Although there is still a lot of work to be done, there are lots of countries and cities around the world that are already making huge steps in cutting carbon emissions by turning to Renewable Energy, investing in new technologies and improving infrastructure. You can read about a few of them here, and we will be sharing more positive stories as the Decade of Renewable Energy progresses.
New York – A Zero Emissions Ambition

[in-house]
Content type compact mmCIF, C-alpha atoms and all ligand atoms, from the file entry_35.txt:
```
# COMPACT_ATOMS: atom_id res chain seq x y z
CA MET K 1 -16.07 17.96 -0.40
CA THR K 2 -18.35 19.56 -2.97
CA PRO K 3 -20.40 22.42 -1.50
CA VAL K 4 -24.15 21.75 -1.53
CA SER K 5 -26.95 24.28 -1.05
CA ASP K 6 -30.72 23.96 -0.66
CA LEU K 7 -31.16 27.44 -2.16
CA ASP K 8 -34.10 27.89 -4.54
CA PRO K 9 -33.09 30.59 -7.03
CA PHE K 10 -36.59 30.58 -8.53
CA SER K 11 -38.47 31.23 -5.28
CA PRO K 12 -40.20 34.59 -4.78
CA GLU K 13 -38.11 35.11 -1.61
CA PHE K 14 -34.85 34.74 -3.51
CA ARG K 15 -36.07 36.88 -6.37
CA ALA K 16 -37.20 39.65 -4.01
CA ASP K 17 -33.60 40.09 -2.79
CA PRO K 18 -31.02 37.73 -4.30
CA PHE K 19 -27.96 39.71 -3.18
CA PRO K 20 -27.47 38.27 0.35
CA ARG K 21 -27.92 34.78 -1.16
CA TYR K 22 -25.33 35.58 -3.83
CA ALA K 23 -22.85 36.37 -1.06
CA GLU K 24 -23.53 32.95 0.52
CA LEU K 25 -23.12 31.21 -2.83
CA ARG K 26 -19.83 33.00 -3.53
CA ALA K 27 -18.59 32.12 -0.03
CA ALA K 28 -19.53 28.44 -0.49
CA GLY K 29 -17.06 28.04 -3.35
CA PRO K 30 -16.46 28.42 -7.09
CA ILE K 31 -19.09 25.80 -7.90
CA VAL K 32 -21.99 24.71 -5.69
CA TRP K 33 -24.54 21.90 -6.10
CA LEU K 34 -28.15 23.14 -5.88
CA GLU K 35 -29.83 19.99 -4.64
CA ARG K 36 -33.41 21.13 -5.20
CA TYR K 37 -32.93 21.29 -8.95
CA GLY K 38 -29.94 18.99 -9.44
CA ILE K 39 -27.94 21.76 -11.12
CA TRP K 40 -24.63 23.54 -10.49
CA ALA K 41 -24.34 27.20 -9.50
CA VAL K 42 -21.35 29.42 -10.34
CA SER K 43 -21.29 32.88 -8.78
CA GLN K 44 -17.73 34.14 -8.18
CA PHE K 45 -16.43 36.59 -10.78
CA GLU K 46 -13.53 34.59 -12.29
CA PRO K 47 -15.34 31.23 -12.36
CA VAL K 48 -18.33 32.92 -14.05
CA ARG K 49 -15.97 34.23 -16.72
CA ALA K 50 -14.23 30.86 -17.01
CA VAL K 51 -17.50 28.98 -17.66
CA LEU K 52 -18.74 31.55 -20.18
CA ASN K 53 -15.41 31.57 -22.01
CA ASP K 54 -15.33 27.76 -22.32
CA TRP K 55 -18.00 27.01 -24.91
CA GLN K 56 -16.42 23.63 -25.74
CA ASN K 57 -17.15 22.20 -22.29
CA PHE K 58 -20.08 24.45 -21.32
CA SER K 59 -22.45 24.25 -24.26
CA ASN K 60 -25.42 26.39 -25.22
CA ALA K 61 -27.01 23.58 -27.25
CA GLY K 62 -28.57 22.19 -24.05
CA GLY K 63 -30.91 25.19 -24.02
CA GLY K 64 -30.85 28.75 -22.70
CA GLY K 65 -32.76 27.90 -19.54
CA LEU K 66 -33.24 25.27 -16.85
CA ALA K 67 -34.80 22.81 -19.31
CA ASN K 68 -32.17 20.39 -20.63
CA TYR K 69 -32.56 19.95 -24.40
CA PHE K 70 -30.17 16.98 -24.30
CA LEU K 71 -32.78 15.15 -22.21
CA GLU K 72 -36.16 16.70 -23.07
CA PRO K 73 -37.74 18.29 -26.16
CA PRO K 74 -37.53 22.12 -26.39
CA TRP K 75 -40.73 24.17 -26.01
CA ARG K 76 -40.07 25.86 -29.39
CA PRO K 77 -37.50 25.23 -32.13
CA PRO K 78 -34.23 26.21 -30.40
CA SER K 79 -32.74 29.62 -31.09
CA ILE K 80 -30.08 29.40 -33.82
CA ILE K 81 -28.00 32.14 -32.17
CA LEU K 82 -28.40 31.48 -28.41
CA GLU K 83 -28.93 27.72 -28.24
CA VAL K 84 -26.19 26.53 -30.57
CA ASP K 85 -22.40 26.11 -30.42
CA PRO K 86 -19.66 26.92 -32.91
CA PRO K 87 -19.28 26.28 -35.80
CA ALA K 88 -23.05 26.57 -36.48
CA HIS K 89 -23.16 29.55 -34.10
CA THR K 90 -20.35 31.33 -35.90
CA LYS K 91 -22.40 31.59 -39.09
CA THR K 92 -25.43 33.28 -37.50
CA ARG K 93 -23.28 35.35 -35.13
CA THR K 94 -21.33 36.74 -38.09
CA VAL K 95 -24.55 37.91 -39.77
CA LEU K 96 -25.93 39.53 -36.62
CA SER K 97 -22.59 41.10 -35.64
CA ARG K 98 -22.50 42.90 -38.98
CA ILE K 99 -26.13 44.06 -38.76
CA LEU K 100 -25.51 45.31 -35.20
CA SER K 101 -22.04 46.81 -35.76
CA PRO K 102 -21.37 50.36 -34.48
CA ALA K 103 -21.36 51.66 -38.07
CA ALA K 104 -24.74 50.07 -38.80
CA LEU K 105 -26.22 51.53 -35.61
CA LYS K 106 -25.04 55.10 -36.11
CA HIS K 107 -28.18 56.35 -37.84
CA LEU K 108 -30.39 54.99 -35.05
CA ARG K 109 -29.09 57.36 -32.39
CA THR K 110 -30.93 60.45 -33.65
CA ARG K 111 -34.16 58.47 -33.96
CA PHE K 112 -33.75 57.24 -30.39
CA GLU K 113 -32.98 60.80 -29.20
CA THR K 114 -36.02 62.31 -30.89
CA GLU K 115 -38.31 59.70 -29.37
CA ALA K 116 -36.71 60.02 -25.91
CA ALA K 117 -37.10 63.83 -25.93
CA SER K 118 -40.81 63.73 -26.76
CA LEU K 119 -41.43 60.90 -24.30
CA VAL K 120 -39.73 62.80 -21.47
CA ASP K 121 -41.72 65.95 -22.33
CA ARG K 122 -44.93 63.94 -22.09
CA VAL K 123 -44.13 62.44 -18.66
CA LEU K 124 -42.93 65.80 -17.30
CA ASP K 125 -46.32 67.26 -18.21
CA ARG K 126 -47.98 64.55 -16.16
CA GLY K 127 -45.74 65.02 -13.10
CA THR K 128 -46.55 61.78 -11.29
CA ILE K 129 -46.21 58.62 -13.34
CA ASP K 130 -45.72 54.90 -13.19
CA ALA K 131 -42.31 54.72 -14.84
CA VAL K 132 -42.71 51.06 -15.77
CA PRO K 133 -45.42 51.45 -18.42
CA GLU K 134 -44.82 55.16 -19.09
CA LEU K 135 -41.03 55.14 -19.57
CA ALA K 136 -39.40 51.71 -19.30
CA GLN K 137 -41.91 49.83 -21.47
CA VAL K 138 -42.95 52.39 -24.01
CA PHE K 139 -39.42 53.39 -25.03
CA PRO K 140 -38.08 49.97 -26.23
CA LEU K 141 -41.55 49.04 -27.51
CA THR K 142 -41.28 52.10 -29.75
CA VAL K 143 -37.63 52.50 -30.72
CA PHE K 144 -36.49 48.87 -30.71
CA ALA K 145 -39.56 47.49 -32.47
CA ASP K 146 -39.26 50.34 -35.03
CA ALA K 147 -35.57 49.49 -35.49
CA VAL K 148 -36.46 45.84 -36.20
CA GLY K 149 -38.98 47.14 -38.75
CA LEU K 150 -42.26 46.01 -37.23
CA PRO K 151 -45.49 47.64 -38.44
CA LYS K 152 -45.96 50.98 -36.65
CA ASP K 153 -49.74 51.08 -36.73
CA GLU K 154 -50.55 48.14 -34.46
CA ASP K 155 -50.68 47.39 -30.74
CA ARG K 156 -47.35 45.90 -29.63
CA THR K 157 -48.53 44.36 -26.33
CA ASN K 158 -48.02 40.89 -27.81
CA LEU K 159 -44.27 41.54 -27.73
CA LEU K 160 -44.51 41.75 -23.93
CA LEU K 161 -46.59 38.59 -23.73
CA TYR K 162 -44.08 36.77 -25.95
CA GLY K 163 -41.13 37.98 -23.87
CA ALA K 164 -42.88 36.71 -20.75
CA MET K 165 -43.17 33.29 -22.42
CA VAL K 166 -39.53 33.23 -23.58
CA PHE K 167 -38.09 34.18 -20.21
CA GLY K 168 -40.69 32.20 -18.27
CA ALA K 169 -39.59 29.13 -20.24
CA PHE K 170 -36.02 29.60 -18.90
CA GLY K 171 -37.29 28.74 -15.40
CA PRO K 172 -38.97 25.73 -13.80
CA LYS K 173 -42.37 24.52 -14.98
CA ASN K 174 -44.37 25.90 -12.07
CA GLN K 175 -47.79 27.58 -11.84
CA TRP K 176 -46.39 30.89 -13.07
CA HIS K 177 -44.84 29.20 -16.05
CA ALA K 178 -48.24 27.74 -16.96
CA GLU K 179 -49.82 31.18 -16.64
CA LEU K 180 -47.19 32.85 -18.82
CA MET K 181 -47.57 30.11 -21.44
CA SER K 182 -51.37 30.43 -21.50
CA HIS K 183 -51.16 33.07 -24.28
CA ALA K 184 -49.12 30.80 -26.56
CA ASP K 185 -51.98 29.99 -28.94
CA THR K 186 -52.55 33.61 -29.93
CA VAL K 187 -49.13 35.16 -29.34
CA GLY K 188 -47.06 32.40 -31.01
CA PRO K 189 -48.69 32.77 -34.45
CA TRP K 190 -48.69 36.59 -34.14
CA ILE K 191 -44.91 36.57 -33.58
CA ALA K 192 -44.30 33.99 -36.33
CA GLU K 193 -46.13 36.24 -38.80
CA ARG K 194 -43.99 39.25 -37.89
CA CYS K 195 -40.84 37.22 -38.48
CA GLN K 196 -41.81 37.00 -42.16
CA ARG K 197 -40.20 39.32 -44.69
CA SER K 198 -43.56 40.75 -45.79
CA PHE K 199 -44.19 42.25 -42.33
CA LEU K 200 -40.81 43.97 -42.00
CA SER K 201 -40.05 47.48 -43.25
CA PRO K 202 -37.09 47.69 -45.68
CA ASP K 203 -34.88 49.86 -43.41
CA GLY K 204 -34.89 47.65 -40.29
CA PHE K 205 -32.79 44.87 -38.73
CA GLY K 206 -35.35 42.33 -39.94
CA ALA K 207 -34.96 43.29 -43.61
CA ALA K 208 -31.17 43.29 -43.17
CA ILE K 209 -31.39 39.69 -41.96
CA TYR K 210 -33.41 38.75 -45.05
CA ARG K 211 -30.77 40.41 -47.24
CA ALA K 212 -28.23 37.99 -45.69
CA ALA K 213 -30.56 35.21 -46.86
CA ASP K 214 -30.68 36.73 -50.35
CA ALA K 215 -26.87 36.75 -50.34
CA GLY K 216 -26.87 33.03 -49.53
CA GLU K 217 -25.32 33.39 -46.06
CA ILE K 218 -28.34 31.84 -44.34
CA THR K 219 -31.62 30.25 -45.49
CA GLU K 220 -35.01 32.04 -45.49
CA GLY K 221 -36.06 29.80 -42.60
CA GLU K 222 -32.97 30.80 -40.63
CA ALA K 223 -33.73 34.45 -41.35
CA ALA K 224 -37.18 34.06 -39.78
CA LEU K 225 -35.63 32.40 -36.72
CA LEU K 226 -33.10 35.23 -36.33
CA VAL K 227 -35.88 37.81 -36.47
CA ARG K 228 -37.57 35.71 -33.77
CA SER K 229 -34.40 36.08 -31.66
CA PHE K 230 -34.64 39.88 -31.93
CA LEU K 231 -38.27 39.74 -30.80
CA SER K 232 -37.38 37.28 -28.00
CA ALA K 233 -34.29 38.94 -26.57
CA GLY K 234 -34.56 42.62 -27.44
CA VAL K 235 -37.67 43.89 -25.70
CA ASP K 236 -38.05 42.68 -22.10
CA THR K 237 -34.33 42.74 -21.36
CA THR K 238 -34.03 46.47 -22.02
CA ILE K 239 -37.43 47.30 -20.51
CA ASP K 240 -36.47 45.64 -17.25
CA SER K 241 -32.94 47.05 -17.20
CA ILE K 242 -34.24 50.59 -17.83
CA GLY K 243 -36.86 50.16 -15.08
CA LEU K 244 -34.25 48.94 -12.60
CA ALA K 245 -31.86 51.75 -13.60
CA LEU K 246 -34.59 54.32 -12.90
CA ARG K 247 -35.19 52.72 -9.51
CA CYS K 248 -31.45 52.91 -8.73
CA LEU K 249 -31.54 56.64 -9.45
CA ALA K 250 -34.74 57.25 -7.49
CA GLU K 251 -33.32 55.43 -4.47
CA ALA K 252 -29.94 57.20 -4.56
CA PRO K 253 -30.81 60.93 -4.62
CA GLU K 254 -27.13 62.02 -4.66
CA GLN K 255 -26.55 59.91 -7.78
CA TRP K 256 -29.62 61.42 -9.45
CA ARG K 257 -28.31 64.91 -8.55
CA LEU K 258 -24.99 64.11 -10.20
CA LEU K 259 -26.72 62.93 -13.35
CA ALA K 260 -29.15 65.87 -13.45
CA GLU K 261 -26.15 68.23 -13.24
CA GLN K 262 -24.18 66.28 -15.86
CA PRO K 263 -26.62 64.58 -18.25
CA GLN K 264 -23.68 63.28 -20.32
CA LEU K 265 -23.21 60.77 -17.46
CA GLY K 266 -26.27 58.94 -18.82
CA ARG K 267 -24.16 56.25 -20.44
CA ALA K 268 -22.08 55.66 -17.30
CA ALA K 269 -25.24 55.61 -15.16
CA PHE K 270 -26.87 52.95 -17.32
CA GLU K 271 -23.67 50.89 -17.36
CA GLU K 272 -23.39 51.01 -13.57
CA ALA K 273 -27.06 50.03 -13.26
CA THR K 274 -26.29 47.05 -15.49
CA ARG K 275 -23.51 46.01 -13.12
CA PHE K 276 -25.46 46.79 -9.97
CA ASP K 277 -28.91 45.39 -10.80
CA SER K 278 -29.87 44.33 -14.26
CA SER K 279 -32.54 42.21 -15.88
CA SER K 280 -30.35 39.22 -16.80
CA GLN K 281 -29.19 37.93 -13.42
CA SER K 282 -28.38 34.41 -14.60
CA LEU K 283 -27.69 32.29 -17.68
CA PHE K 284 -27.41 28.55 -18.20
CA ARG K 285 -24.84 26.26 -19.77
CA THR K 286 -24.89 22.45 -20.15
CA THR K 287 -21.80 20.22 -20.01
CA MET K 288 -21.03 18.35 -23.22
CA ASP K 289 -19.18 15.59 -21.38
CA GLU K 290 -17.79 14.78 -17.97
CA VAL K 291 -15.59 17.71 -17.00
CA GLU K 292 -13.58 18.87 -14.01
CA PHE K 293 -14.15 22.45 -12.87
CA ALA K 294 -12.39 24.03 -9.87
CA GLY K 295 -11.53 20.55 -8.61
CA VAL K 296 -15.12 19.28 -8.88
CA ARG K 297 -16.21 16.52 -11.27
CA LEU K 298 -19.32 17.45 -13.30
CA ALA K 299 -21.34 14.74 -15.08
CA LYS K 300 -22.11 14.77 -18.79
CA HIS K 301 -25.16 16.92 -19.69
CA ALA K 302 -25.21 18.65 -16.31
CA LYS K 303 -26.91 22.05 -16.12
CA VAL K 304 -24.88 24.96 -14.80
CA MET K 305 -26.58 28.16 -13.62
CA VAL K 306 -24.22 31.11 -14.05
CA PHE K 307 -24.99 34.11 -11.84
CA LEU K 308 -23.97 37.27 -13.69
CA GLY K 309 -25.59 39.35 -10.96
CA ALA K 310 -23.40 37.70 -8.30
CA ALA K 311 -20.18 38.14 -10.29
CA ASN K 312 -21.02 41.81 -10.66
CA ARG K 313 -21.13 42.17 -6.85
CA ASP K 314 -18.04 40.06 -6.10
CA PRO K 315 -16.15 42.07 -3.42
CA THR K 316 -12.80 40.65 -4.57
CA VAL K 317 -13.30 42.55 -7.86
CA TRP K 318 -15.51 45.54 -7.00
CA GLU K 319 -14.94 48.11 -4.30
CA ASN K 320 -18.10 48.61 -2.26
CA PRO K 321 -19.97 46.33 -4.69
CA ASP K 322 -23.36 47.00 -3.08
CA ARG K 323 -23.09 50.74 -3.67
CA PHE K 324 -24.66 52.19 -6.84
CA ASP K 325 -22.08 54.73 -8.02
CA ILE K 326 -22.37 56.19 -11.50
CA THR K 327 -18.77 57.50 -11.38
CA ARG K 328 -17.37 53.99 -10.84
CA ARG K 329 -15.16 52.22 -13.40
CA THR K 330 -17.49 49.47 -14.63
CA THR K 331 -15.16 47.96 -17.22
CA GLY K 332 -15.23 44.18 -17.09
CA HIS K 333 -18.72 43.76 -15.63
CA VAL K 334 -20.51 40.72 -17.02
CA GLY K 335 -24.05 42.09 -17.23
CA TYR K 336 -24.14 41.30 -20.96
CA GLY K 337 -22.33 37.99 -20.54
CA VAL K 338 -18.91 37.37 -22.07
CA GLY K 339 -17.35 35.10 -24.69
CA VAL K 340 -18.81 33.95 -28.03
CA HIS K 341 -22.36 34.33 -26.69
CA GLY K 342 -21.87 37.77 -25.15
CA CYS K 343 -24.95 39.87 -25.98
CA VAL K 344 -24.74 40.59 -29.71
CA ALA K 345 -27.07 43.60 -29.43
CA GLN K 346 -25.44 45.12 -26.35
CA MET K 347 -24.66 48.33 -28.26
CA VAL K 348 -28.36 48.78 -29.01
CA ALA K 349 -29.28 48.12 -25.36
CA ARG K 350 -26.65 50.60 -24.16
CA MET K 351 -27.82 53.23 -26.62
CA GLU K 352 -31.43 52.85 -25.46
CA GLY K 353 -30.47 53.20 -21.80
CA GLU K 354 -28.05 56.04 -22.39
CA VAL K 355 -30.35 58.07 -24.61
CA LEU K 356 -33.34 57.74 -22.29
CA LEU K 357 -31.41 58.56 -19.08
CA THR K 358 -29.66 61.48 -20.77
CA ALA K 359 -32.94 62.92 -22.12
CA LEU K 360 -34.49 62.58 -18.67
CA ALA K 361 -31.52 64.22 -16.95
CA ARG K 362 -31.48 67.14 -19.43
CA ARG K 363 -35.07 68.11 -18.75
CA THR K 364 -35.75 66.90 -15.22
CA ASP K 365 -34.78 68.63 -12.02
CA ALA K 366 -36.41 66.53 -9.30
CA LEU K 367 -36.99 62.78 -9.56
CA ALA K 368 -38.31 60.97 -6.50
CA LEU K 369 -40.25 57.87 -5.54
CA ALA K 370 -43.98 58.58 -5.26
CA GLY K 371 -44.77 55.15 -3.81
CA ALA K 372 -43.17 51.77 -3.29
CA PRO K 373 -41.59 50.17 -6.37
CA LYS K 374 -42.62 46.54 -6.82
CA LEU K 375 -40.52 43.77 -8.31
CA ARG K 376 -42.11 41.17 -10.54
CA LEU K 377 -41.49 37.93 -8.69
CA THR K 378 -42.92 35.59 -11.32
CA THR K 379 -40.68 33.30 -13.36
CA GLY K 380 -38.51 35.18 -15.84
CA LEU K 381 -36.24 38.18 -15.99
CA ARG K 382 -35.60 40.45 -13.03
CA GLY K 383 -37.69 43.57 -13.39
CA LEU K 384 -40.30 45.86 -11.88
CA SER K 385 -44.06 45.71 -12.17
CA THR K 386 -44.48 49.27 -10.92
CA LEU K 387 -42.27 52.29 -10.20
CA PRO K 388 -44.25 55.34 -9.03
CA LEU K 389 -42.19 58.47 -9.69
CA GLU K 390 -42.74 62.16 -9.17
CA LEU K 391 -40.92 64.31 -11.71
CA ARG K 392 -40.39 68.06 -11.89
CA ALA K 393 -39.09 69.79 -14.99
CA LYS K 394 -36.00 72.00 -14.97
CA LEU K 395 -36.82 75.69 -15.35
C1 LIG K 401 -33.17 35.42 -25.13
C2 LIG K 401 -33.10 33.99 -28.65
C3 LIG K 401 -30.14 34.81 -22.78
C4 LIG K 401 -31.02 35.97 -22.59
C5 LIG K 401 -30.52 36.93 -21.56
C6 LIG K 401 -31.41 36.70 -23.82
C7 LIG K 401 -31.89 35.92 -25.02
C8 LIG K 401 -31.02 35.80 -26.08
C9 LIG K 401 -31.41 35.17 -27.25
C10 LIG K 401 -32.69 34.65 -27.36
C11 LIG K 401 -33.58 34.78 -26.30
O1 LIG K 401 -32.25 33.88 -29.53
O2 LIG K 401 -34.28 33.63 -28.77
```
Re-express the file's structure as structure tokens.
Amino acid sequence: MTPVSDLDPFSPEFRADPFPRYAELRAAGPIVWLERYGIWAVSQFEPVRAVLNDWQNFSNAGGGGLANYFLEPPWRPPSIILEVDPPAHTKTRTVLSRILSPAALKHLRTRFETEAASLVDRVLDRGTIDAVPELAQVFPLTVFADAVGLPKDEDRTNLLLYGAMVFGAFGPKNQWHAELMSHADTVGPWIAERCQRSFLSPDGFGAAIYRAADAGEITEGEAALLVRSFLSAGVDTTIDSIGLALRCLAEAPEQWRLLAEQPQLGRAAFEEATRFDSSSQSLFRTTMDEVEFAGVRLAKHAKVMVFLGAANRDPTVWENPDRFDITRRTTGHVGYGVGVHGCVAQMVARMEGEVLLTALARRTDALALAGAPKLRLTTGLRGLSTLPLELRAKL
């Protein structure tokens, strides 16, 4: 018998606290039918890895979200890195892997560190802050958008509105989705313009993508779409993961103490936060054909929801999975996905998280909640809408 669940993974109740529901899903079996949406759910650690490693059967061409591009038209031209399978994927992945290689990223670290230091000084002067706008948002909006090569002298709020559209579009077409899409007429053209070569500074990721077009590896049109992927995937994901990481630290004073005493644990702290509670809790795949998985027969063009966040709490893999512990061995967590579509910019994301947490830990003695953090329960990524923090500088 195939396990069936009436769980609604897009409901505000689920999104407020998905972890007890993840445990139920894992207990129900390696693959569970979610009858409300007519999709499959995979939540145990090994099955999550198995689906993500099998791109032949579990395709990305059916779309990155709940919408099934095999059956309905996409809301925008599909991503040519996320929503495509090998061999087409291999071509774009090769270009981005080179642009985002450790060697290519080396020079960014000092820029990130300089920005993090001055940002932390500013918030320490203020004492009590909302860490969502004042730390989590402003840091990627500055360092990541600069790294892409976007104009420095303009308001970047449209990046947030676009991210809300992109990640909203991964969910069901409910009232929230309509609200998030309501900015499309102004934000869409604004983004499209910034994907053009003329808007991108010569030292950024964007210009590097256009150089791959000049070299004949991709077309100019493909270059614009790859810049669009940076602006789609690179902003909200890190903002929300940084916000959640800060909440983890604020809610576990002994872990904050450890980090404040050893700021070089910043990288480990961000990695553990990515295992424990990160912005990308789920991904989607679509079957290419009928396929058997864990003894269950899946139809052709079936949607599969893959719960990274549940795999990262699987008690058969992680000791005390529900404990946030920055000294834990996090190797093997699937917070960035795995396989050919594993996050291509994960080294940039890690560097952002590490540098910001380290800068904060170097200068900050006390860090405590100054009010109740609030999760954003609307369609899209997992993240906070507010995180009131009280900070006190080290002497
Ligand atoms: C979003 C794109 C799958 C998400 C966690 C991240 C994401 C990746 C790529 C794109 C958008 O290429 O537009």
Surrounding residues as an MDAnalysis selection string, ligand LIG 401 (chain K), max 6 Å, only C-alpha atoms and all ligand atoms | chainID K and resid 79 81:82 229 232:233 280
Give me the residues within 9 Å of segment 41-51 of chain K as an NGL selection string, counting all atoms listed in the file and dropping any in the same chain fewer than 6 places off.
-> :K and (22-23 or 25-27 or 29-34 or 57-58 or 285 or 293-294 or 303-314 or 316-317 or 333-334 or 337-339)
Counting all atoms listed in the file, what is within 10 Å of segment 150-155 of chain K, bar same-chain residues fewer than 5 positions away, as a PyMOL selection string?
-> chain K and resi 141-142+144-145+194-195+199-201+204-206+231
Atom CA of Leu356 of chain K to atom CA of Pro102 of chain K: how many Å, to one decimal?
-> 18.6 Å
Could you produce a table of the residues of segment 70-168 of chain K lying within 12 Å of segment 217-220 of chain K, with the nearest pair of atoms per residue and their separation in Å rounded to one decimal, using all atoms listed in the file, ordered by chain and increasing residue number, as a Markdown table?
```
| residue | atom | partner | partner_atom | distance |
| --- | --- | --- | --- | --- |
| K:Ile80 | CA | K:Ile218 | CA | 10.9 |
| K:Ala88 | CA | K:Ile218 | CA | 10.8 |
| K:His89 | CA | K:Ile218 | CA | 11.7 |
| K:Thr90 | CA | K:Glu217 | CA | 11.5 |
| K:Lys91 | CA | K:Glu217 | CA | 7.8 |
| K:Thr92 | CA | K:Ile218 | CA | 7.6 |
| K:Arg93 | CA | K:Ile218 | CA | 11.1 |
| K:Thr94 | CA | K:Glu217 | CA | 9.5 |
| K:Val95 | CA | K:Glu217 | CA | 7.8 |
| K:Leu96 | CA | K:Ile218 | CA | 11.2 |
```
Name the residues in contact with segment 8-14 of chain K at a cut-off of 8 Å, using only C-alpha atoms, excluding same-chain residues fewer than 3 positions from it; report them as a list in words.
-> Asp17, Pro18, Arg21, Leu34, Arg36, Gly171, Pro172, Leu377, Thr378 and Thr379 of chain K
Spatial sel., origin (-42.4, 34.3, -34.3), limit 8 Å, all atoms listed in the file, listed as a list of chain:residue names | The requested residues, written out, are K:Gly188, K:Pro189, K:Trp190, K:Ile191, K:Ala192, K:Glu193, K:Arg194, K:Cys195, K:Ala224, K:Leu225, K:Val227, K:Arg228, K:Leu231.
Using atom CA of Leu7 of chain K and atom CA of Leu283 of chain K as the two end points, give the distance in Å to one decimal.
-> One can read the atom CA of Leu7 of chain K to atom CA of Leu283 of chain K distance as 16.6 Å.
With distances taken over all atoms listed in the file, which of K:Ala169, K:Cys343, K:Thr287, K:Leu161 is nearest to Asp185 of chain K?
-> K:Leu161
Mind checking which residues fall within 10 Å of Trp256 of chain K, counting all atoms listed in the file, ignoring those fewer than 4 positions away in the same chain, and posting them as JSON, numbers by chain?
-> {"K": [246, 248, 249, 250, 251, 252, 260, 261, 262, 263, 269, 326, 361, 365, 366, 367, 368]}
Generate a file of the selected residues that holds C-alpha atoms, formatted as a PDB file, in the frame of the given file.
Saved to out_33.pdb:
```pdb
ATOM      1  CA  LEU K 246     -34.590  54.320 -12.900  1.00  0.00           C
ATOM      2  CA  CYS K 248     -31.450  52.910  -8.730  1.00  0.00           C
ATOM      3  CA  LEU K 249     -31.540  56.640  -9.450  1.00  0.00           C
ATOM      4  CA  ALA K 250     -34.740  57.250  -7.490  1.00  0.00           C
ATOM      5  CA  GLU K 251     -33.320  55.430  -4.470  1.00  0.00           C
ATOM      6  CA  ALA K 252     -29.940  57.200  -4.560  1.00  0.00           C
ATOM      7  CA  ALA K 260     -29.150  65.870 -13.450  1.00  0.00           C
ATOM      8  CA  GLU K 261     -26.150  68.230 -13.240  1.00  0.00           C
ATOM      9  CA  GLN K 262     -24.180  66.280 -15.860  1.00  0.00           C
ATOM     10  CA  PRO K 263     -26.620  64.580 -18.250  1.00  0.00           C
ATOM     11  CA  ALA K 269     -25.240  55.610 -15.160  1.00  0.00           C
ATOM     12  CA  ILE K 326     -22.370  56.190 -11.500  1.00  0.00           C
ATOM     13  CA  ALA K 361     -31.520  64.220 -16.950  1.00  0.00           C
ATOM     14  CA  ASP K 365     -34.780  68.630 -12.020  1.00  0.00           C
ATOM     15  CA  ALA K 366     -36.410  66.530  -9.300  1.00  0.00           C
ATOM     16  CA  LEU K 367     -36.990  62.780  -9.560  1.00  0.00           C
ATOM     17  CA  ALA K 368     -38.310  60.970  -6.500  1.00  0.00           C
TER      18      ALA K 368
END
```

With the goal to achieve a 100% Renewable Energy supply by 2040, New York City has ambitious plans for a large expansion of Solar and Wind Power, combining these renewable energy sources with Energy Storage. By 2030, NYC aims to lower its carbon emissions by 40%, exchanging fossil fuel for clean energy sources. To achieve this, the city is looking into complementing the main sources with energy from other areas such as Wave and Hydro Power, and offshore Wind Power. The transition to Renewable Energy is done by involving all actors in society, from government agencies to representatives from the private sector. The short-term changes that must be made require expertise and planning, with a specific understanding of how the Renewables industry works. An important element in New York City’s zero carbon emissions vision is Electric Vehicles. Through incentives and tax reductions, citizens are encouraged to change to EVs, with the plan to dramatically cut down on pollution causing smog and acid rain. The transition to EVs is estimated to provide 30,000 new employment opportunities in the city.